/ Money

Are you still spotting costly 0845 numbers?

Tired man with phone

Customer service shouldn’t cost you a fortune, but some businesses are taking too long to phase out pricey numbers on their customer helplines. Have you spotted any culprits?

It’s two years since the Consumer Contracts Regulations came into effect. On 13 June 2014 companies were prohibited from using pricey phone numbers for customer lines – so why are we still seeing them advertised?

While plenty of companies have been receptive and made the appropriate changes, we continue to spot numbers starting 084 or 087 for customer service lines on posters and websites – calls to these business rate numbers can cost as much as 18p per minute from a landline, and 51p per minute from mobiles.

If you’re contacting a company’s customer service phone line because you have a complaint to make about the level of service you’ve received, or an issue with a product, then having to shell out more of your cash just to resolve an issue is nothing but rubbing salt into the wound.

Are companies aware of the changes?

Are companies doing enough to live up to the change in consumer regulations? It would seem that in some cases, businesses just don’t appear to be aware of the changes.

Just a few months ago a friend got in contact with me after reading our Which? conversation on travel firms flouting costly call rules. He explained how his phone charger had developed a dangerous fire-related fault, so he sought advice via the manufacturer’s Twitter account.

He was advised to ring a premium 0845 number, despite the Twitter page specifically stating that this method of contact was for customer support. After pressing for an alternative, he was only given the option to live chat on their website, or e-mail them instead.

Why so slow?

Going back to travel firms, I’ve frequently spotted premium numbers being displayed on trains on my commute to and from Which? headquarters. Not only are these numbers being listed for customer service, but also for reporting faults with toilets and even security camera systems.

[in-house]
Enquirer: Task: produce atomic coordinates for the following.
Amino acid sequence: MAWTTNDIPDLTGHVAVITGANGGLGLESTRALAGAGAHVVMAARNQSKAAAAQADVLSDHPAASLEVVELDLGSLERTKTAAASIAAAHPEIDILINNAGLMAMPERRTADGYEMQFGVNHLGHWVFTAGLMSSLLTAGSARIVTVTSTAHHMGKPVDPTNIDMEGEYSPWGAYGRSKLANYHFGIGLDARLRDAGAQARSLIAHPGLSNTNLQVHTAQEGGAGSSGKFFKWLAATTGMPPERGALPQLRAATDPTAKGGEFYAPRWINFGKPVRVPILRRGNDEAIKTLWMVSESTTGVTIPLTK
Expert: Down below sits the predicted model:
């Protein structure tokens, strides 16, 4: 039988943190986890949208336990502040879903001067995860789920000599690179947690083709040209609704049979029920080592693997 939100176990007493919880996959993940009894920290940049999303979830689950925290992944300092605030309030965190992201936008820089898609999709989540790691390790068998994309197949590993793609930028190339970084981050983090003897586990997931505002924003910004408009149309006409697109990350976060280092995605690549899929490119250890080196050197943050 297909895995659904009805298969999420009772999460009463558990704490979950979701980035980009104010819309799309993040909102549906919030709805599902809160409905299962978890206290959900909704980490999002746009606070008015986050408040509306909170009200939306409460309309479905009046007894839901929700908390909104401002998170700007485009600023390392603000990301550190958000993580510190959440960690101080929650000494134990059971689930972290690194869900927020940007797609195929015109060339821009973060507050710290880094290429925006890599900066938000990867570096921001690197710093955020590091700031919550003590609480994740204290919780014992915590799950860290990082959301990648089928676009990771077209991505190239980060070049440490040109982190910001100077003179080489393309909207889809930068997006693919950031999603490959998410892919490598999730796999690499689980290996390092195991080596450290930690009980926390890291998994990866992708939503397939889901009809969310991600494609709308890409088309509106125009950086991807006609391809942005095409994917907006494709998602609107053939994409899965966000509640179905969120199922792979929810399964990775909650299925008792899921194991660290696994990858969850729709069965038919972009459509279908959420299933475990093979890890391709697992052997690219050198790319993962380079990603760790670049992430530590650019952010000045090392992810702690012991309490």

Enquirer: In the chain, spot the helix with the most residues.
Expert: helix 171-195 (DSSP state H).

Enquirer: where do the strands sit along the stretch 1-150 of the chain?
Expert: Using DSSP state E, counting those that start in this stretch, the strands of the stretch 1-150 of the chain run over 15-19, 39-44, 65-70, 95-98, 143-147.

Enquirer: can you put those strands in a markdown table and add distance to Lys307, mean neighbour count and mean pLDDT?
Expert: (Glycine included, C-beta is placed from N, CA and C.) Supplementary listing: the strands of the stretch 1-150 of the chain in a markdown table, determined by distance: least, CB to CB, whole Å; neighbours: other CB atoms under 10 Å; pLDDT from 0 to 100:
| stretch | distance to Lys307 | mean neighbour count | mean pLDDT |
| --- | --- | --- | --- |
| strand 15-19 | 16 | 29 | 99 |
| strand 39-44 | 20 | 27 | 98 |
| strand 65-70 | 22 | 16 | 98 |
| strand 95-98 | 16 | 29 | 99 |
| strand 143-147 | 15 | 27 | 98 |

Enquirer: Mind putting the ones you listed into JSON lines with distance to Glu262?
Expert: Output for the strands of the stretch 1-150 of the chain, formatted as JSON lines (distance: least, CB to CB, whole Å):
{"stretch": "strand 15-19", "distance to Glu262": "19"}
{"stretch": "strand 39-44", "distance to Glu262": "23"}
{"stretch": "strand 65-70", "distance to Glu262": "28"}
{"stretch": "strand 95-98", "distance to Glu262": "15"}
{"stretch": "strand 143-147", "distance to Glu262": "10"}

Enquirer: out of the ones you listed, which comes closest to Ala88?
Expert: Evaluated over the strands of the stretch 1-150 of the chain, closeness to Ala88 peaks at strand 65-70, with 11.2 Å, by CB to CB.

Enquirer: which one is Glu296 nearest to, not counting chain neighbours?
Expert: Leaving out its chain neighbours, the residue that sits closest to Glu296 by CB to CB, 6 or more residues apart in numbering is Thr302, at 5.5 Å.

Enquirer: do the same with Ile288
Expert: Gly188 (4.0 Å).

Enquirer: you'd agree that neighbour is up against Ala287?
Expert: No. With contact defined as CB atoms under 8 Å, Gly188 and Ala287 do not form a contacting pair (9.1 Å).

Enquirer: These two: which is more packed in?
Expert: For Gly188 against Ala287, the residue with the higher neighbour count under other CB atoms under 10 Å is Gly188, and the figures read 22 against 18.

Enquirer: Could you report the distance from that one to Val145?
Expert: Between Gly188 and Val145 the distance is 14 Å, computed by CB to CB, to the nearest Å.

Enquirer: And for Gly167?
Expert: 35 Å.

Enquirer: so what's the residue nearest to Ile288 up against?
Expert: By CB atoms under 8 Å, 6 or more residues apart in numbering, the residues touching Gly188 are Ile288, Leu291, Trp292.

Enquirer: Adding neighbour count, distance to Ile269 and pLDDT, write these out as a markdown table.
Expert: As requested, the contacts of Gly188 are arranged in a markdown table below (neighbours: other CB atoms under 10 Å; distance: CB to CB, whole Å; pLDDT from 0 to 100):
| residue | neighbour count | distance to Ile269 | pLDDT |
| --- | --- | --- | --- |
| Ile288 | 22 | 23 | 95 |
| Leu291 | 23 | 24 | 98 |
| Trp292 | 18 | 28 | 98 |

When we pressed on these issues back in August last year, we were told that alternative numbers had been established and that posters would be updated ‘over the coming months’. But this was nearly a year ago – so are some firms taking this seriously enough?

So tell us, have you spotted any premium rate numbers for customer service and support?

Thank you for all of your comments, we’re working our way through the numbers you’ve reported to us. Please do keep them coming. Thank you

S Nash says:
30 June 2016

Here’s a number which has appeared on my latest phone bill: 08459 724724

Kai says:
30 June 2016

So what about the financial services industry? I just spent £15 in the waiting line to UK Forex and had to give up 30 mins without anybody talking with me.
The government press release (from 2014) says the “Financial Conduct Authority is committed to considering whether they should introduce a similar measure on customer helplines for financial services shortly”, and that Which is expecting “the Financial Conduct Authority to introduce similar measures”.
Is the FCA still “committed to considering”? Might they have considered? Where is Which?

I think they’ve done it, Kal. I can’t remember the details but they are buried away in this Conversation somewhere [look for a magenta patterned dinner plate named Ian who is the ultimate expert on the dialling codes and their status]. It is possible that it remains legitimate to charge premium rates for the type of call you were making.

Ian says:
30 June 2016

The FCA regulations were published on 23 July 2015 and came into force on 26 October 2015. FCA document “PS15/19” contains the details and they can be found in Chapter 3.

The FCA thereby extended to banks, card companies and insurers the earlier BIS regulation that already applied to retailers, traders and passenger transport companies.

The BIS regulations were published on 13 December 2013 and came into force on 13 June 2014.

Halifax / HBOS investments, Head office 15 Dalkieth Road, Edinburgh, EH16 9BF
Telephone 08453661513
Fax 08453661514

Tony says:
30 June 2016

The Halifax use 0845 numbers for customer help and advice lines, they must be coining it in!

Yes they still are!😠
BOYCOTT the Halifax now

Take a look at the Halifax website . Nearly all their numbers are 0345 [basic rate] or 0800 [free]. Calls about bank accounts and savings accounts and nearly all regular services are on 0345 numbers. The only 0845 number I could see was for buying pet insurance.

Ian says:
6 July 2016

Branch windows still show the old 0845 numbers. Perhaps various paperwork and maybe cash machines are still showing the old numbers too?

If there is no Changed Number Announcement on the old 0845 numbers, callers will not know there’s a new 0345 number.

Kate says:
30 June 2016

Joie Baby sold a faulty product but then insisted on calling 0844 395 0012.